Gov. Gavin Newsom of California announced Friday that the state plans to add the coronavirus vaccine to other vaccinations required to attend school, such as measles and mumps, starting as early as next fall.
The vaccine mandate, for public and private schools, will be phased in by grade span — seventh through 12th grades, and then kindergarten through sixth — after the Food and Drug Administration grants full approval to the corresponding age group. Newsom said that he anticipates the requirement would apply to grades seventh and up starting in July 2022.
The Pfizer-BioNTech vaccine is currently only fully approved for people 16 and older; the vaccine remains available for children ages 12 to 15 under emergency use authorization. Newsom said that more than 63% of Californians aged 12 to 17 have received at least one dose of vaccine.
Widespread inoculation will be critical to keeping classrooms open, he noted.
“We want to end this pandemic. We are all exhausted by it,” the governor, who has four small children, said.
Newsom’s announcement would make California the first state to mandate the COVID vaccine for in-person school attendance.
Independent study will be offered for unvaccinated students, he said, and rules for students with medical and other exemptions will be determined through a public rule-making process. California has nearly 7 million students in public and private schools.
Several of the state’s largest school districts have already voted to mandate vaccinations in some form for hundreds of thousands of students. Last month, the Los Angeles Unified School District — the second largest in the nation — became the first major school district in the country to announce a vaccine mandate for children 12 and older who attend school in person, which will be broadly effective by January.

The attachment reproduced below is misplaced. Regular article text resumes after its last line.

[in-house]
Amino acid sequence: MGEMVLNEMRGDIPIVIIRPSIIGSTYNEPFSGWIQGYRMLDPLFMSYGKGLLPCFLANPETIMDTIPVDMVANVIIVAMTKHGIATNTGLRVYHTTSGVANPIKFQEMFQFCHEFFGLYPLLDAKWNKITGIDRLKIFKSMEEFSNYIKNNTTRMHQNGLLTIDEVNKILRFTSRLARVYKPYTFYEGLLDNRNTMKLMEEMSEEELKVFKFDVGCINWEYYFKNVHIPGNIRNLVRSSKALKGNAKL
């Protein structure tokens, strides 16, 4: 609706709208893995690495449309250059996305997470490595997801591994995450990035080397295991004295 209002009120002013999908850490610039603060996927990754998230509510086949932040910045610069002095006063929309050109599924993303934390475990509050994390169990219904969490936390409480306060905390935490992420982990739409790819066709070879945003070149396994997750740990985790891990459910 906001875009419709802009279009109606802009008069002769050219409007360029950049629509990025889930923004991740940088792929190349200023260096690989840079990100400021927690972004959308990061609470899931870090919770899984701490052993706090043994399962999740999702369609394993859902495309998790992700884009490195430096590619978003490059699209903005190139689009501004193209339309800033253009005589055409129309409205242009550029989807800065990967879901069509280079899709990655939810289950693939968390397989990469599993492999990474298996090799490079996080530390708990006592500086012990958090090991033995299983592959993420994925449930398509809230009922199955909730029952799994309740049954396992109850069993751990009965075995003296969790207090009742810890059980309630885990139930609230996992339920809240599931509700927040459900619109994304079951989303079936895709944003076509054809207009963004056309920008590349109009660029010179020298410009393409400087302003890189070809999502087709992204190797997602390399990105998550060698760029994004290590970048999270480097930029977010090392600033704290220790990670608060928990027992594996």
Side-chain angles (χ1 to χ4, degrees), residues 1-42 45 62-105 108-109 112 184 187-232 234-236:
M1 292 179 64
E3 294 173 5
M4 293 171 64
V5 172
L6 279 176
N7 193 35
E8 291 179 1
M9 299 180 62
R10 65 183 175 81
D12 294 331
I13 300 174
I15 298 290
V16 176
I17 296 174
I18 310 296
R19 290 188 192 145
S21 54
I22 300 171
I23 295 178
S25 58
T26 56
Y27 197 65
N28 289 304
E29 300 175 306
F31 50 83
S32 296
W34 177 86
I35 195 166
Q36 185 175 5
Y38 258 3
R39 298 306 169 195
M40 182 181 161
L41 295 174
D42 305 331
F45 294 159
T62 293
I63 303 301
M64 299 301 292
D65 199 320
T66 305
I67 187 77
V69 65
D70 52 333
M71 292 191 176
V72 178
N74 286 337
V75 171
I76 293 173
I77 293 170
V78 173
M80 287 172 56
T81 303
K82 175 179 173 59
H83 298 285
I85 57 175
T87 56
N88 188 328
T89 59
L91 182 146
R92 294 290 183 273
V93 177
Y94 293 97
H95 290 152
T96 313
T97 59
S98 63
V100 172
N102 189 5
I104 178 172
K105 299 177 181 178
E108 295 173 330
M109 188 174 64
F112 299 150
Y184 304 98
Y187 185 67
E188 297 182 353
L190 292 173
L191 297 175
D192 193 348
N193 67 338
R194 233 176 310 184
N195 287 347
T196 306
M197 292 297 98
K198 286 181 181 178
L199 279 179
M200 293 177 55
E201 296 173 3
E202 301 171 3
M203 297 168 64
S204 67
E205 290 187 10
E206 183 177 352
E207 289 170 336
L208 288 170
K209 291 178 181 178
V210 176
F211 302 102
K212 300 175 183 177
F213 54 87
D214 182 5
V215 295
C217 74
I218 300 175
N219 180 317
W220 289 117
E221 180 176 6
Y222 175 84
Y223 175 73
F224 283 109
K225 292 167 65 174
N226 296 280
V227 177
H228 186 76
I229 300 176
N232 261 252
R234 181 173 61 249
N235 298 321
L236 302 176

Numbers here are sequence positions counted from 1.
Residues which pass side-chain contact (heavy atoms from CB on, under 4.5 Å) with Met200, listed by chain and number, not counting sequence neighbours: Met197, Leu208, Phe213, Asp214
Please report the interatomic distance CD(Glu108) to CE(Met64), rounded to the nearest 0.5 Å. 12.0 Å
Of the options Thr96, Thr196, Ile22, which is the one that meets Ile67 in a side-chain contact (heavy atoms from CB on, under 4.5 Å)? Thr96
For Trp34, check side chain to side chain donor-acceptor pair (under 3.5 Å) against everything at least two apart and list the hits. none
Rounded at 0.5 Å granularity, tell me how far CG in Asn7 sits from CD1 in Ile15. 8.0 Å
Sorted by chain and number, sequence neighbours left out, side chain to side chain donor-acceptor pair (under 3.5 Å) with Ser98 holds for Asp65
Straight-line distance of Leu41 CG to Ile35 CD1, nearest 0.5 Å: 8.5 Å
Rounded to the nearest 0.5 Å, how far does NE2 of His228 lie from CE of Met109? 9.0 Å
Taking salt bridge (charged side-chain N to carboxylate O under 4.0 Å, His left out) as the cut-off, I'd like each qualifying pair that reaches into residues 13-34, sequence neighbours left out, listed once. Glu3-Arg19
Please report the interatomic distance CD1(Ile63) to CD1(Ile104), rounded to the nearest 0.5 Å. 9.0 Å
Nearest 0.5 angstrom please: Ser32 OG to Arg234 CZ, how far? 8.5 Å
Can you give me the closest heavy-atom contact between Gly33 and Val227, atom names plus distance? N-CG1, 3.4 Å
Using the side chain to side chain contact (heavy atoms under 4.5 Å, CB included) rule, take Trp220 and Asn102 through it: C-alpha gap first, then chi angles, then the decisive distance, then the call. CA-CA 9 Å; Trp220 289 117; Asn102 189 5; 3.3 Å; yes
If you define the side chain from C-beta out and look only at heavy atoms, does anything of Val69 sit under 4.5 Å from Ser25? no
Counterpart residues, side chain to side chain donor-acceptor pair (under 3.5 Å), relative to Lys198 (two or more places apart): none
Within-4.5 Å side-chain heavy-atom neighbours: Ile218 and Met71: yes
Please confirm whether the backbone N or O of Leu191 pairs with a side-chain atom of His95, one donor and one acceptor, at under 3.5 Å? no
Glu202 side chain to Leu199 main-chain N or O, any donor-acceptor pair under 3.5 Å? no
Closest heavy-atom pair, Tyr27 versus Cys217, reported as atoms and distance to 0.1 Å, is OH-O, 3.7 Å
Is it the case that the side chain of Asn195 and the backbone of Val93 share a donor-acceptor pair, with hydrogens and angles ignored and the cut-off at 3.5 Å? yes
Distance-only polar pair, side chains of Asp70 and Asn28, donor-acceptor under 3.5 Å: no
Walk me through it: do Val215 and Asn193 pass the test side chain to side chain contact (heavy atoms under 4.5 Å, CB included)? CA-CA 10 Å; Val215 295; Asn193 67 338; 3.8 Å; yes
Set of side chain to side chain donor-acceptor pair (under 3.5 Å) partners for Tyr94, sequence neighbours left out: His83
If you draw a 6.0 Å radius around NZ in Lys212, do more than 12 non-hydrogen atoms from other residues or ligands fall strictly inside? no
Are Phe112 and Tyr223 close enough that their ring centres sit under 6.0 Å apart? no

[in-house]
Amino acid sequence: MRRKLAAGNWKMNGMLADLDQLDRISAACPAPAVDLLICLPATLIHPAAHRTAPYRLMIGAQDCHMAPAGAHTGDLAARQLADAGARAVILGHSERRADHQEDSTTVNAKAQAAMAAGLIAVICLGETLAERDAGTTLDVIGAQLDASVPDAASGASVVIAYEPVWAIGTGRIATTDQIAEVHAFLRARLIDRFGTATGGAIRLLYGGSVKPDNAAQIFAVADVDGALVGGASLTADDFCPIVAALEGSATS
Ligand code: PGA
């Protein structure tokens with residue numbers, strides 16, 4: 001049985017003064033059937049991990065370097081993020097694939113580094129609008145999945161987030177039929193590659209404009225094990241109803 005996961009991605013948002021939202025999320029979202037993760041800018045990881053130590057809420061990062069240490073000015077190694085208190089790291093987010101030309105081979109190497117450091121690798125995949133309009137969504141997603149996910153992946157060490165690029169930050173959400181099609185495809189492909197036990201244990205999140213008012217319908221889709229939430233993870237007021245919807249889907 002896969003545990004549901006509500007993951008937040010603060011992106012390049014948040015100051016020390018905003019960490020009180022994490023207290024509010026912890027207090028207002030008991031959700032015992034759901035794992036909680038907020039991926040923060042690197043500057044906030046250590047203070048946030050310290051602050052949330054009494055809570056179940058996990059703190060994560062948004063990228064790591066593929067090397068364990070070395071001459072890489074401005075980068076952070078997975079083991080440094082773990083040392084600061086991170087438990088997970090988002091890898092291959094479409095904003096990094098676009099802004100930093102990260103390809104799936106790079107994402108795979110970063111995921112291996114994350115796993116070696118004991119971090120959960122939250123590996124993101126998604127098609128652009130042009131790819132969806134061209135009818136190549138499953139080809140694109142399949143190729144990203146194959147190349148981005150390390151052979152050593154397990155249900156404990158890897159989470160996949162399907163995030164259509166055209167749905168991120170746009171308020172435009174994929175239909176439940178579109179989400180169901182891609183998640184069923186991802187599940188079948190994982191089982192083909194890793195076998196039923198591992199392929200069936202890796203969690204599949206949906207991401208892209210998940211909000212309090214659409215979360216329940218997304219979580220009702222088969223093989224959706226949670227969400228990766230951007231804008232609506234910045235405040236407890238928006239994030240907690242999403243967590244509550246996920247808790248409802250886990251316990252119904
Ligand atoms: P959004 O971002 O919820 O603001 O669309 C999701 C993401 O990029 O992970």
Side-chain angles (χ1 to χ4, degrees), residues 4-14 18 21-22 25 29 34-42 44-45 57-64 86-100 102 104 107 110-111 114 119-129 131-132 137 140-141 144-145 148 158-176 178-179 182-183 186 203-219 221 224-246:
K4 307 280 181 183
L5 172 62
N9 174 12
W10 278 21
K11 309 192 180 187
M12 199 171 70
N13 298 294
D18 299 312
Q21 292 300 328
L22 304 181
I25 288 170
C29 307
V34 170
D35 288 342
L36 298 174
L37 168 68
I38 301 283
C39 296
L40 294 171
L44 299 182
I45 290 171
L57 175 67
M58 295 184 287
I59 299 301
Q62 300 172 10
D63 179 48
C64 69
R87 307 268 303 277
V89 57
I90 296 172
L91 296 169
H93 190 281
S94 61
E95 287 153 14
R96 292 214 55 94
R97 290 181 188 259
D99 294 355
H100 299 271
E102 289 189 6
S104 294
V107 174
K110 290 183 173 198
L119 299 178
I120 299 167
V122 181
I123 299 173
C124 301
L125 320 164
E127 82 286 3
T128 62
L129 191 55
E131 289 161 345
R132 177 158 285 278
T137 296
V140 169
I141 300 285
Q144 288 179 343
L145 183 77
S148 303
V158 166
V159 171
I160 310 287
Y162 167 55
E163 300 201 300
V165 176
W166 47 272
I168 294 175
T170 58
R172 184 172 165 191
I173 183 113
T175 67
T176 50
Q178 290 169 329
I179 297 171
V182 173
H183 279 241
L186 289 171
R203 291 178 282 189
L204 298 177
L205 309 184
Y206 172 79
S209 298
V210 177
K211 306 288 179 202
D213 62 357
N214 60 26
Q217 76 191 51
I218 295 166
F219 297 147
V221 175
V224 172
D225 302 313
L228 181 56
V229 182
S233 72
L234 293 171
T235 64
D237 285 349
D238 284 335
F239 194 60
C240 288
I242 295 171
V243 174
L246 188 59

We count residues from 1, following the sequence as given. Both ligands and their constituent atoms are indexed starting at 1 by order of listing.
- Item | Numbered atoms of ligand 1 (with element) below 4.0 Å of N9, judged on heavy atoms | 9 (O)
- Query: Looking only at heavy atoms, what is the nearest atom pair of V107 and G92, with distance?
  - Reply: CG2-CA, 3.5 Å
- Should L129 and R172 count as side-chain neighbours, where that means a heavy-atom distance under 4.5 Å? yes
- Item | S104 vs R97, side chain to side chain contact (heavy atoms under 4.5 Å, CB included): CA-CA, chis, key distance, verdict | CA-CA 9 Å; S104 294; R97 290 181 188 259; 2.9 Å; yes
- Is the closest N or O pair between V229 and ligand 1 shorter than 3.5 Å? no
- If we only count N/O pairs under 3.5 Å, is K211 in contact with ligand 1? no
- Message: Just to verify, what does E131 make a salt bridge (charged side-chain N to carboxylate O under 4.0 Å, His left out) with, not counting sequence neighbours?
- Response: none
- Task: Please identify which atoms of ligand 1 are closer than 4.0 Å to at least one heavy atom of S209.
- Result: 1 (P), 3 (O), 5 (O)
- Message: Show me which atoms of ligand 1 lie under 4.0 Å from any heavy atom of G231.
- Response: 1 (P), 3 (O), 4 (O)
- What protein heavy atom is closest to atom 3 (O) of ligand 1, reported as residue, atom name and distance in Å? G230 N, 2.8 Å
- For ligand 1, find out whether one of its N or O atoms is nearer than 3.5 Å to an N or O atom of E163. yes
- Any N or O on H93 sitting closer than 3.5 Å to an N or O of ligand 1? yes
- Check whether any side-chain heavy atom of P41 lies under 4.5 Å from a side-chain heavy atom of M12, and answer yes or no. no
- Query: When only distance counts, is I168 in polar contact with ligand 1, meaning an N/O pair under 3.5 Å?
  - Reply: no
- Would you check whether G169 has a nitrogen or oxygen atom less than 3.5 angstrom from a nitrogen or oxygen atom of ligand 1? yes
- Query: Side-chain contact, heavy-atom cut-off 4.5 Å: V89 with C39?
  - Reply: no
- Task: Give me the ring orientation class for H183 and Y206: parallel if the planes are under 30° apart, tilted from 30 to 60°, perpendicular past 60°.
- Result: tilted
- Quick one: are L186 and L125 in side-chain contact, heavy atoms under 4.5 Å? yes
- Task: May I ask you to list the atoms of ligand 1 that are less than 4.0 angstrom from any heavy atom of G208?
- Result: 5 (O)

School districts in Culver City and Piedmont have made similar announcements. The school board in Oakland voted last month to require students aged 12 or older to be vaccinated, though some details — including the timing — have yet to be ironed out. In San Diego, students over 16 must be vaccinated by late December to attend in-person classes, with mandates contingent on vaccine clearance in the works for younger age groups.
California requires that K-12 students, faculty and staff wear face masks at school. The state also announced vaccine rules for teachers and other school staff in August. Other states and districts across the country, including Washington state, New York City and Oregon, have done so, too.
Last month, Pfizer and BioNTech announced that their vaccine had been shown to be safe and highly effective in young children aged 5 to 11 years, setting the stage for emergency use authorization of the vaccine for younger children, possibly as soon as the end of October.
Such mandates are legally allowed and have been upheld in court challenges.
This article originally appeared in The New York Times.
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